In his reply to the flareup (which also effectively cites Baudrillard), Pegg further identifies the problem as one of focus on grandiosity, of shooting for the moon simply by saying "Let's just spend a lot of money to put the moon in the movie." He says, "I guess what I meant was, the more spectacle becomes the driving creative priority, the less thoughtful or challenging the films can become." He's right: Liking something because it has ties to something you love or once loved--whether by sharing a name or wearing the same costume--is bad. It makes your attention easy to buy, and even easier to sell. It precludes, in many cases, the creation of original work that is both more clearly of its moment and capable of forcing new thoughts and codifying new ideas in ways that demand adaptation and intelligence and nimble ideas--the very things for which speculative fiction often serves as a valve, and which are lost when the trappings of the genre overwhelm its substance.
This is not a new reaction (not even to this particular controversy). But it is one of many, many reasons why fandom--at least in the way it exists right now, within an easily manipulablenerd subculture--is bad, flat-out and straight up. In his reply, Pegg writes that, of course he loves lots of genre entertainment--just the smart stuff. Still, he doesn't go far enough to separate the content of the art from the attitudes of the people who like it. "Nobody could accuse Game of Thrones of being childish," he says, and he's right. Game of Thrones isn't childish (gratuitous nude shots for 13-year-old boys aside), but its fans sure are. These are the are the sorts of readily monetizable attitudes that lead people to get mad about an all-women Ghostbusters team, track with zealous sports-like fandom whether a movie with a superhero "won" the box office, or facilitate the revival of half of the TV from the past two decades.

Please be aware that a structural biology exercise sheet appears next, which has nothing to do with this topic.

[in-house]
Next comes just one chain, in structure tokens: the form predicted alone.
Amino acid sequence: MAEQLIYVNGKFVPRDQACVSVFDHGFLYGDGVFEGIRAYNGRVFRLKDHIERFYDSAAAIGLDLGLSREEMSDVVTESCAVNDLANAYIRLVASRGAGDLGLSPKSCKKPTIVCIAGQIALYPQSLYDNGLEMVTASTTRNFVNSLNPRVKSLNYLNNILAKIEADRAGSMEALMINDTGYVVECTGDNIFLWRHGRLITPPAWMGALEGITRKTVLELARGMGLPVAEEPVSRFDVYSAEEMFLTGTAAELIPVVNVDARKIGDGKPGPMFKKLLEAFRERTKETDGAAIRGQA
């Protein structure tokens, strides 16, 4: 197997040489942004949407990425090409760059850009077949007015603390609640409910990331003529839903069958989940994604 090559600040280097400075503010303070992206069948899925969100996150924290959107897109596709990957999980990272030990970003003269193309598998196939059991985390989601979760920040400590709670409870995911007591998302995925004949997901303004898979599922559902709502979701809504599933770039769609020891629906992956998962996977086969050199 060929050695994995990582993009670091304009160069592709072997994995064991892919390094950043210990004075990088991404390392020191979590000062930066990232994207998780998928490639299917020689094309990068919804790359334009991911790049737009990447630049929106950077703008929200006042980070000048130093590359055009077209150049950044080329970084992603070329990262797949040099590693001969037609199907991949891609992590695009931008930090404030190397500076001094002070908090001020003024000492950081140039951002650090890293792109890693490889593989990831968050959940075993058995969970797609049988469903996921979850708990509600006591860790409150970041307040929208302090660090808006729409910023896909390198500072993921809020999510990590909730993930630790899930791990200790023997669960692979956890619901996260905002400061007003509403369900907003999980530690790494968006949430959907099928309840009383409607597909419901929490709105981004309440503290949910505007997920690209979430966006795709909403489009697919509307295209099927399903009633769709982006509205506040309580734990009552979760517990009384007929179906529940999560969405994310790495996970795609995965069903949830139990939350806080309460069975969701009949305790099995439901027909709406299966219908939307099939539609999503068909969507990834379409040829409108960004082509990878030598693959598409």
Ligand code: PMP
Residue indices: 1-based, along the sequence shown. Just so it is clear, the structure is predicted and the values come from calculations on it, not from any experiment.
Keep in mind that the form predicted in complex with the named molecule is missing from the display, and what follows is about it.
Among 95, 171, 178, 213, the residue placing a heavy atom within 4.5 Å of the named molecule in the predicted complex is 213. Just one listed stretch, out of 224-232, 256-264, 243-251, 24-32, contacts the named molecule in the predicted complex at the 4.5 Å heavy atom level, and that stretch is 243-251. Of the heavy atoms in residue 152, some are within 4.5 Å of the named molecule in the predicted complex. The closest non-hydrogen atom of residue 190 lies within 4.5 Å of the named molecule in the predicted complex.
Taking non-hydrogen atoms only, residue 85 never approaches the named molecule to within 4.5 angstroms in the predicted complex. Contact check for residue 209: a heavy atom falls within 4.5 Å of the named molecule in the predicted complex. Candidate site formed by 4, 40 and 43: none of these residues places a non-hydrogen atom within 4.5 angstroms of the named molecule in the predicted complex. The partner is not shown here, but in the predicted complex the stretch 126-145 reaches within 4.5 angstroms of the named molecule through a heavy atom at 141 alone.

Of course, there are lots of rebooted or updated franchises that have valuable intellectual content--Pegg cites the latest Mad Max film, in particular--which mostly goes to show that broad statements about this kind of thing, or really broad judgments about any kind of art in general, are always misguided. Specificity is the name of the game here, and where we can be guided by general preferences, allowing your taste to be reduced to a series of checkable boxes--"robot,""Hulk," or "fight"--is to allow yourself to become those boxes. That's why "Taste," or developing a sense for what one likes and does not like, is the key concept in Pegg's initial comments, and the one that's missing from Trendacosta's response.
It's not about what you like, it's about how you like it, and why. The mere fact of something being a Star Wars movie or set in the Marvel Universe or whatever is, too often, enough to get people interested in it, rather than simply having them gravitate toward quality of any kind (or especially toward quality of this kind). Developing taste to the point of constant disappointment is sad, and it makes constant engagement with pop culture exhausting and frequently depressing, but it also raises everyone's standards and prevents them from aggressively liking trash. Ceasing to transform "pretty good" into "awesome" makes the moments when something genuinely great comes along all the more powerful.
Again: People make these kinds of complaints all the time, so there's no reason to expect that it will mean more coming from Simon Pegg. But if his status as a fixture of nerd culture (and his work on the new Star Trek) helps move this conversation forward on actually changing the way people interact with art, it'll be the rare necessary reboot.